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The Art of Adapting Victorian Literature, 1848-1920The Art of Adapting Victorian Literature 1848-1920 explores the dramatization of three milestones of Victorian literature which can be representative of three of the household names of the literature of the period: Charlotte Brontë with Jane Eyre, Charles Dickens with David Copperfield and Wilkie Collins with The Woman in White. Of course our review will focus on the Jane Eyre part of the book but not forgetting that Karin A. Laird's approach shares a common agenda both in the vindication of the long forgotten values of the adaptations as a genre and the adapter as a professional as well as the inclusion of the silent early movies adaptations not only as a side note to the Victorian melodramatic theatre adaptations but as a continuing epilogue and its unavoidable coda.
Dramatizing Jane Eyre, David Copperfield, and The Woman in White
Karen E. Laird
Illustrations: Includes 19 b&w illustrations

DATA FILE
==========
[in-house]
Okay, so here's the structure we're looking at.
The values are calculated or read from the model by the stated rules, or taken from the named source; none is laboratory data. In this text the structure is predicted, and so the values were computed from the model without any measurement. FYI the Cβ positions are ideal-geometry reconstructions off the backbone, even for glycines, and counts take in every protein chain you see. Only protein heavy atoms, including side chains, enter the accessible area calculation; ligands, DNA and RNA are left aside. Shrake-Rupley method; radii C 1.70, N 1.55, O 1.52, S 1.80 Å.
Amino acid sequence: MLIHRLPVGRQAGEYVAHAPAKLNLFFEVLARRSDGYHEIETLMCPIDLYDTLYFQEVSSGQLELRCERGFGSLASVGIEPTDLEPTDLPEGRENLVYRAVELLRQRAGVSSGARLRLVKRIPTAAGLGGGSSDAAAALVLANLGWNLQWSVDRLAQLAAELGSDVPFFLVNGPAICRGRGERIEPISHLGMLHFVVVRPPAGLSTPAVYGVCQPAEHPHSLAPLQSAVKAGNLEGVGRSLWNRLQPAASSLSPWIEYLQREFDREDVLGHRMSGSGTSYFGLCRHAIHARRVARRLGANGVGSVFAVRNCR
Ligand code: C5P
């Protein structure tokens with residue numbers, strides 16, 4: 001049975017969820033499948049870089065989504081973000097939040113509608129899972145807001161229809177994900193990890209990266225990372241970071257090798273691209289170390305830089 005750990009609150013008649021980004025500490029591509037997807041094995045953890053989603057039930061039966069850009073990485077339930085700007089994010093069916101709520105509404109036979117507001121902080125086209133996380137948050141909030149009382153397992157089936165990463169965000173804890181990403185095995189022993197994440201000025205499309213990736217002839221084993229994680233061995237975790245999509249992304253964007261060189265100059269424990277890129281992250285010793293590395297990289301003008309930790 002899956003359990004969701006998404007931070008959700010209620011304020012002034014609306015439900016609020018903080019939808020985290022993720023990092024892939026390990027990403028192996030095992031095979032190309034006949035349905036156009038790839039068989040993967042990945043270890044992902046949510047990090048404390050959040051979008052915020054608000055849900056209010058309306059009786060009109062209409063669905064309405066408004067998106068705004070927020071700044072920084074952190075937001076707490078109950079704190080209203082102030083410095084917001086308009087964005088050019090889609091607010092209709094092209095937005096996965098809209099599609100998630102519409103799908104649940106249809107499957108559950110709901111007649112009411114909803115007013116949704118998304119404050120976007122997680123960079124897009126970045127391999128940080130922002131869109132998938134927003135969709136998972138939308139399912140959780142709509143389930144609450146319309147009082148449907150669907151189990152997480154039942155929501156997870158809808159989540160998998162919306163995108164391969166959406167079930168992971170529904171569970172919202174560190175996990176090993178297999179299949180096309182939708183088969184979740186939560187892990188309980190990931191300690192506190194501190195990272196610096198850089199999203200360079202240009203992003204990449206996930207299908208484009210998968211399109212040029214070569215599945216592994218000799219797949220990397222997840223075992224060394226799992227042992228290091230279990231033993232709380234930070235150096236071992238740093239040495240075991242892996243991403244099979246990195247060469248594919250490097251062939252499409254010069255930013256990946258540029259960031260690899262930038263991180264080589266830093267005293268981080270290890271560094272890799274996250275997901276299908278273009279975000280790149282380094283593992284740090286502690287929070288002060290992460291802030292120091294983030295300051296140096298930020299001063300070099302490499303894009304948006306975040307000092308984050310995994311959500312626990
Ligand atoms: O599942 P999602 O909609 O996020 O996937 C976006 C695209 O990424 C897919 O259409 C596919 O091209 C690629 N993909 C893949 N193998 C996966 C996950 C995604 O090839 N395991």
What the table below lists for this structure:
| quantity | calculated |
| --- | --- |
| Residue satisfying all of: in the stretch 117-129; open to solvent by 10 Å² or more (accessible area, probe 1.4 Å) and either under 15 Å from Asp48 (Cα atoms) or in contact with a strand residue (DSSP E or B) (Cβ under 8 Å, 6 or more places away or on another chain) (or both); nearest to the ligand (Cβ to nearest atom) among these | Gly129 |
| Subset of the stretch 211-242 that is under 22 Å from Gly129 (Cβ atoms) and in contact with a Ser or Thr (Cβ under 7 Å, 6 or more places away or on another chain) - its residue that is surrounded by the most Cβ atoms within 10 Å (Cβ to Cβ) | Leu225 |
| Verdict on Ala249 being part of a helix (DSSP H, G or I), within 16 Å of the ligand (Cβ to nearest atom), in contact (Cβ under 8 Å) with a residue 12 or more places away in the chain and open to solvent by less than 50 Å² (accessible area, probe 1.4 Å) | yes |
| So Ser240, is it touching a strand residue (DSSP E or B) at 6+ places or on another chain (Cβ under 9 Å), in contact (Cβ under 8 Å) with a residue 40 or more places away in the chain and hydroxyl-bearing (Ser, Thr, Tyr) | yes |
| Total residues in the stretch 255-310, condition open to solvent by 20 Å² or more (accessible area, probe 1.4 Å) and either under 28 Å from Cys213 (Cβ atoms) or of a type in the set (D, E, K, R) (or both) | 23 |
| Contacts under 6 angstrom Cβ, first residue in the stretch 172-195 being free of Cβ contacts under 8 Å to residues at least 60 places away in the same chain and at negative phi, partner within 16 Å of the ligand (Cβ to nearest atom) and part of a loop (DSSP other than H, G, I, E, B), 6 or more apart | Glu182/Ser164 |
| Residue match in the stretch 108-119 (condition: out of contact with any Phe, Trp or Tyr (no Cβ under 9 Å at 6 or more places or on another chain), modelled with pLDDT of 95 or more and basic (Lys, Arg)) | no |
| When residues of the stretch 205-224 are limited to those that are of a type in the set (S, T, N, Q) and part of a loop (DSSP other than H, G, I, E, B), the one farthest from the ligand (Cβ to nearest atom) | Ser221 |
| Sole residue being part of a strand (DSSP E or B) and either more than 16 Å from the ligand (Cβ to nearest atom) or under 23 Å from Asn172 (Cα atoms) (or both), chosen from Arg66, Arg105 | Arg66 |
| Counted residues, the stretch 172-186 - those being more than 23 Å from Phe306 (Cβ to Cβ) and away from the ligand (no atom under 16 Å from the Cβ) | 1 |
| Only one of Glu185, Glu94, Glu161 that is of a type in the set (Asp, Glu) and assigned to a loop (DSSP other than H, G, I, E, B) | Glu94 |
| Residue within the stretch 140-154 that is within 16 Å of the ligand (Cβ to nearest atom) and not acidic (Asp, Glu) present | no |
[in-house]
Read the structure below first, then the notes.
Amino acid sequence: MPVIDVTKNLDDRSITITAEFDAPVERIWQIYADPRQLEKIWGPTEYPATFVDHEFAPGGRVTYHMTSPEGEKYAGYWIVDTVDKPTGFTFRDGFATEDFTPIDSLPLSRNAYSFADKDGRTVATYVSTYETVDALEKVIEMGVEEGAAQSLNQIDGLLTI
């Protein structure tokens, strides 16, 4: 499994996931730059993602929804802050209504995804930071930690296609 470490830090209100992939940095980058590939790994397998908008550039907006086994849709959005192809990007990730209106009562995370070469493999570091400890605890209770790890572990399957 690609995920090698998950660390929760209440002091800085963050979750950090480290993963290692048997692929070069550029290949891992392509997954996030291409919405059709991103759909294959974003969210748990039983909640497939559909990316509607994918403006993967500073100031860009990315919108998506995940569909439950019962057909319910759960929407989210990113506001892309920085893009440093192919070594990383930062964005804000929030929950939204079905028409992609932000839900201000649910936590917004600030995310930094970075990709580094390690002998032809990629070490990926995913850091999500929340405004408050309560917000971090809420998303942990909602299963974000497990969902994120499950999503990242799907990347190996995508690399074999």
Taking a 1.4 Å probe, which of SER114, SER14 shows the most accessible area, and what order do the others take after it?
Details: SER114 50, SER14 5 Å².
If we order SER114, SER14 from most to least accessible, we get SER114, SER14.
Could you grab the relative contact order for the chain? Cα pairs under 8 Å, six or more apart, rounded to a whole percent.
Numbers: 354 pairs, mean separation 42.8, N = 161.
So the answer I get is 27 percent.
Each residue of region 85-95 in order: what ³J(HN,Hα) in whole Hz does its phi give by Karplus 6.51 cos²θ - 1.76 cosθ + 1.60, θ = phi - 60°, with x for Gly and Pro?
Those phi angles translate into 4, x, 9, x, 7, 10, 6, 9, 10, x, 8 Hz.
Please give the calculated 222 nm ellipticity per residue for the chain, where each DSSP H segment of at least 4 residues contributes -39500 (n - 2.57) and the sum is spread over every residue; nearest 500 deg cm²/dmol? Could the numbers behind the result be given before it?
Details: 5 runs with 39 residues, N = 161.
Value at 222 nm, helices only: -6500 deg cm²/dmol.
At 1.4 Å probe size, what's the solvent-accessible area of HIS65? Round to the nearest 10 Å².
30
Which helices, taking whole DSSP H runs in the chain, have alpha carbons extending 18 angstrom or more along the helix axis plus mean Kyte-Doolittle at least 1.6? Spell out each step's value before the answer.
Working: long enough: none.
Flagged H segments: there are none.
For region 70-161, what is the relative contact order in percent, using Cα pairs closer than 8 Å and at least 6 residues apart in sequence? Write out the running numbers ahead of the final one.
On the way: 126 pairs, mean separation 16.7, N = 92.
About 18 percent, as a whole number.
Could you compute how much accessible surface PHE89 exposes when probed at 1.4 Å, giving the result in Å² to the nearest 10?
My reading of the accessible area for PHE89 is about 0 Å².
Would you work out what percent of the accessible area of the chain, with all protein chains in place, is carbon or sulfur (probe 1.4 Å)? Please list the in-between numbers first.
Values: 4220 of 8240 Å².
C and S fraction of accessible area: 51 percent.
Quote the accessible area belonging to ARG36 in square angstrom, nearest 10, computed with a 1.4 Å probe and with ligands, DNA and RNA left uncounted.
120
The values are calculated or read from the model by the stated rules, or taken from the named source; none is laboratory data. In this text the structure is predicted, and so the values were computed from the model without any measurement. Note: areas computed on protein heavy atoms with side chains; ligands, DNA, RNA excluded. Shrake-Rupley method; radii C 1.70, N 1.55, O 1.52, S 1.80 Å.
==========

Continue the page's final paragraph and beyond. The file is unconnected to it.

Published: August 2015
only 14% of the 10,919 silent films released by major studios exist in their original 35mm or other format, according to the report, “The Survival of American Silent Feature Films: 1912-1929.” Another 11% survive in full-length foreign versions or on film formats of lesser image quality. (Variety)(2) Some of them were included in the Patsy Stoneman book: Charlotte Birch-Pfeiffer's 1870 Jane Eyre, or The orphan of Lowood, James Willing's 1878 Jane Eyre or T.H. Paul's 1879 Jane Eyre. It's a real pity as these adaptations (as was already pointed out by Stoneman) introduced complementary and contemporary readings of the novel. Once again, we have to regret the absence of any non English adaptation of the novel. It can be argued, of course, that this book only explores the English-spoken versions but the the discussion of the Italian film Le Memorie di una Istitutrice (1917) opens the path to an unexplored and we think fascinating path.